The skyscrapers are not man-made.
The plush hills in the distance surround the 15-minute ride to the hospital where I work in Springfield, Oregon. The forest greenery worshipping the grey clouds are a far cry from the ominous steel buildings of the Windy City.
The people are nothing like the diversity of neighborhoods known by their ancestry in Chicago.
I am a traveling social worker.
These last few weeks in the beginning of Mental Health Awareness Month provided a different outlook on what peace means to me.
I have been so conditioned to compete and compare. The next accomplishment is but a valley to the next achievement.
Peace becomes mistaken for boredom.
Flashing police lights and apps alerting to the next tragedy of homicide are less frequent to the chatter of the scanner in the 15th District police station.
The town where I work is predominantly white. Historically, it’s labeled a “sundown town.”
People like me don’t casually venture into these neck of the woods. If they do, often they are met with a stern warning of, “Best not be ‘round here after the sun goes down.”
As I stepped across the street in Springfield, Oregon, I was given this same warning by a car pulling out of a restaurant adjacent to the hotel.
“Be careful around here, black man!” he yelled out of his window.
I knew shit was real. The sun was still up.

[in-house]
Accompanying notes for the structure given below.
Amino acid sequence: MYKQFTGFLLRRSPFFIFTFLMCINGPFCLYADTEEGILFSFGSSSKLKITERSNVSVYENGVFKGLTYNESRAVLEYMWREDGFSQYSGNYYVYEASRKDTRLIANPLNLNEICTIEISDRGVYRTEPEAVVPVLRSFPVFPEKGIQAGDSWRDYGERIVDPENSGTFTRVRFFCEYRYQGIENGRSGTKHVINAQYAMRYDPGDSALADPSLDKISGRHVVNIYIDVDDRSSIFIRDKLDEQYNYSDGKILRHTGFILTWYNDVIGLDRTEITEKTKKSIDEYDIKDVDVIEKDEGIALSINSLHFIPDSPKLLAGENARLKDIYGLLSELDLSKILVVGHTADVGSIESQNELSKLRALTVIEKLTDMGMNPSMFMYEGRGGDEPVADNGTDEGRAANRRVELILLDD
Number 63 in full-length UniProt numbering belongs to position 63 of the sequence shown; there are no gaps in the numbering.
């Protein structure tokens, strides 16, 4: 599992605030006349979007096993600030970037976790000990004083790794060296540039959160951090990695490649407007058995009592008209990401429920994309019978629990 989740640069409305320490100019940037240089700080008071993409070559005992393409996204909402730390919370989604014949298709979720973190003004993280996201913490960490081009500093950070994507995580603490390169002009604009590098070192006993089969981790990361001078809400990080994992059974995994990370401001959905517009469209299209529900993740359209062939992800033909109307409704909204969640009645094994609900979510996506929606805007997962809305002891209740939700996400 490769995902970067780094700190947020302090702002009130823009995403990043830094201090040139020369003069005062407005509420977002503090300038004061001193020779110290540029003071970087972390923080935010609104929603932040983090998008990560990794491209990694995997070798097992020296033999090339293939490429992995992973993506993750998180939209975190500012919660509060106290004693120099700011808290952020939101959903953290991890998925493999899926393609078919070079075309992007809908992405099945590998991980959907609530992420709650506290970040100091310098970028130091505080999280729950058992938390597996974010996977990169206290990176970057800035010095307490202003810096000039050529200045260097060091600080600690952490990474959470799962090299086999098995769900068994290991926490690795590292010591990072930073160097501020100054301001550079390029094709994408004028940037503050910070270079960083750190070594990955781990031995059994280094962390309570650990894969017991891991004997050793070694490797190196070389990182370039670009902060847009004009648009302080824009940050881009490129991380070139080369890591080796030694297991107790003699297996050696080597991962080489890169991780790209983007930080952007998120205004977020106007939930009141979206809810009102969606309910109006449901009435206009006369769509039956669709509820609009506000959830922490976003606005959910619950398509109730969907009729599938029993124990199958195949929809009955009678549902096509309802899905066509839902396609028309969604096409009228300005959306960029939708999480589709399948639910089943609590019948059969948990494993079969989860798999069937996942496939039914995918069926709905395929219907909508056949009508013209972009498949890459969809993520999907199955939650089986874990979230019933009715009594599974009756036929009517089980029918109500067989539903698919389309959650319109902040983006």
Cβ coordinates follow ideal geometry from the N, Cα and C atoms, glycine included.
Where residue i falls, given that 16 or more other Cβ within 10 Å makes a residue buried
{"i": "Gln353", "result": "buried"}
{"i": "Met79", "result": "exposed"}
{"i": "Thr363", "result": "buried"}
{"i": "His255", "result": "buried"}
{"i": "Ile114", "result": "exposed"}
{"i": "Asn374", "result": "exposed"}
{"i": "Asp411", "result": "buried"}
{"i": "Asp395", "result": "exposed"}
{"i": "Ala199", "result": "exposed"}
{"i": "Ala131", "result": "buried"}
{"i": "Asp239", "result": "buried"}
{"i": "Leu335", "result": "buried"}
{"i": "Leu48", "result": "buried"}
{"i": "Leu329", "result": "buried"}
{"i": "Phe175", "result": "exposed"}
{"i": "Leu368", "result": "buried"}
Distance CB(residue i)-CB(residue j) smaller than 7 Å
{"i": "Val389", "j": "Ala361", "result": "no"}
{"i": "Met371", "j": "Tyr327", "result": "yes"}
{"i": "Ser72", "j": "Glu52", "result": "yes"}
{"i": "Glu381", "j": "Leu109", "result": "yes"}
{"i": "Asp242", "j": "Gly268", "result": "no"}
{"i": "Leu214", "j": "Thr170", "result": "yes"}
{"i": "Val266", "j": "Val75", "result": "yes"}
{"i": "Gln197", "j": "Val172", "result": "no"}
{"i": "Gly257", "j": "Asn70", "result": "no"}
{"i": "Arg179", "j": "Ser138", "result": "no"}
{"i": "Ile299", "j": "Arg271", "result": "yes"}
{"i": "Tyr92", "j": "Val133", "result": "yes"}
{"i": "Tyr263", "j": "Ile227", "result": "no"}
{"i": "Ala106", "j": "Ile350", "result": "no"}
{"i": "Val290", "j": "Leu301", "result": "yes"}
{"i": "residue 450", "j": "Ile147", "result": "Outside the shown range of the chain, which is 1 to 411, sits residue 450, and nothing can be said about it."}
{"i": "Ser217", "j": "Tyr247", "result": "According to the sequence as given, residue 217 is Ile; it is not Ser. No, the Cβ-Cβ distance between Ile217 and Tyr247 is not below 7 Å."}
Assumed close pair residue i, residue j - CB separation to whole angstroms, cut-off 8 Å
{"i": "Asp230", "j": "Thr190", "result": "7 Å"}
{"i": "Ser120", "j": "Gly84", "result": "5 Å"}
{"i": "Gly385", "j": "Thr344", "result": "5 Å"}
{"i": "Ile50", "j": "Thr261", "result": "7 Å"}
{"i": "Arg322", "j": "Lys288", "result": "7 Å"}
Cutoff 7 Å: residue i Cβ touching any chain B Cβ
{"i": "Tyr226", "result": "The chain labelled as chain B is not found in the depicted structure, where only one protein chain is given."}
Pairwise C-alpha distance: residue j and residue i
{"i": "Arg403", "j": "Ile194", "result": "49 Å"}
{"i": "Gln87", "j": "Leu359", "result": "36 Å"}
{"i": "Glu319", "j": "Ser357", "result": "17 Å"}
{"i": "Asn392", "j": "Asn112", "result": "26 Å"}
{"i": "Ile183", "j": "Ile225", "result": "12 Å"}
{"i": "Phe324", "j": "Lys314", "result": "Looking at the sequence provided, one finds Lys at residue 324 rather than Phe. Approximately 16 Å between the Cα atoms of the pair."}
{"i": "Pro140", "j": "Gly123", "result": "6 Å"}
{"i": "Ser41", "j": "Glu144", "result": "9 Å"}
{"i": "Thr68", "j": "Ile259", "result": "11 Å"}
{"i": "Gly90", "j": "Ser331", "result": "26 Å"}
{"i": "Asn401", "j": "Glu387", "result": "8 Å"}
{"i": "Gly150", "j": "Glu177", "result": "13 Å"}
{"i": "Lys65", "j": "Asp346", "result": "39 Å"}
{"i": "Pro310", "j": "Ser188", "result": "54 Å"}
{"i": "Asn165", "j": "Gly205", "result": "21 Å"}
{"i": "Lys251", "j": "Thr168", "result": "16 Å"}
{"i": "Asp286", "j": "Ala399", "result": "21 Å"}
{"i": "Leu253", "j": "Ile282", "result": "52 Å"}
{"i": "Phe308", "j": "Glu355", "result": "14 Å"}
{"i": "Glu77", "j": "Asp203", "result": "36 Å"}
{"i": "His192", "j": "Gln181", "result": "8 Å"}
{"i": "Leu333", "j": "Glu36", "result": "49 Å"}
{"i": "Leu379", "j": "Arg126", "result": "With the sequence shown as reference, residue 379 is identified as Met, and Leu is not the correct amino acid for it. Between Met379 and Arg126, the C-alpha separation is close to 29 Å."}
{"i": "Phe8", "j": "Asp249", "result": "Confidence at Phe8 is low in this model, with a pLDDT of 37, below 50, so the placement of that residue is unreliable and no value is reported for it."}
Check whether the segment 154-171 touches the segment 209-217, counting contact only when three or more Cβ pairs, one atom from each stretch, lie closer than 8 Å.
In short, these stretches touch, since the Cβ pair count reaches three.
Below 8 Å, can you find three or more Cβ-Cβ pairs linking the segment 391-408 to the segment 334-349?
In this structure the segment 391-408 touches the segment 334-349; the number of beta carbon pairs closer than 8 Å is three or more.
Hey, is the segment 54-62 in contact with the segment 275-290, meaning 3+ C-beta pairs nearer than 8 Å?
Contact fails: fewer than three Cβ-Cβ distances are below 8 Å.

My director and I engaged in a conversation about me being content in this assignment, and she asked for my honest opinion.
My tone is often soft. I can appear dismissive and unattentive. She misinterpereted that as me being unfulfilled in my first contract as a traveling social worker. She was genuinely inquisitive.
I explained to her the trauma of being a Black male social worker and constantly self-tone policing. I described the passive aggression from doctors of Asian decent, the blatant refusal of nurses to follow simple prompts to assist in discharge planning. I described my 6-foot-2-inch, 285-pound stature.
“At any moment my tone rises or I become assertive, I am labeled as the angry Black man,” I explained. “Now, couple that with coming to a sundown town as your first contract assignment.”
“What’s a sundown town?” she asks in sheer ambivalence.
“Well, it’s when the sun goes down and you’re Black, you bets not be around these parts.”
Tears welled up in her eyes and flowed downward. She apologized having not understood the experiences and micro-aggressions Black men face, especially in the nurturing fields.
“How many of me do you see? I mean, the master-leveled Black male social worker just coming to town for a contract?”
I do not remember her answer.
The mental toll that it takes to navigate the world is stressful.
I can tell you that I have found my peace in writing once again.
Our whole team on contract consists of Black women, and I’m the only black male.
Your journey will lead you exactly where you belong even if just for 12 weeks.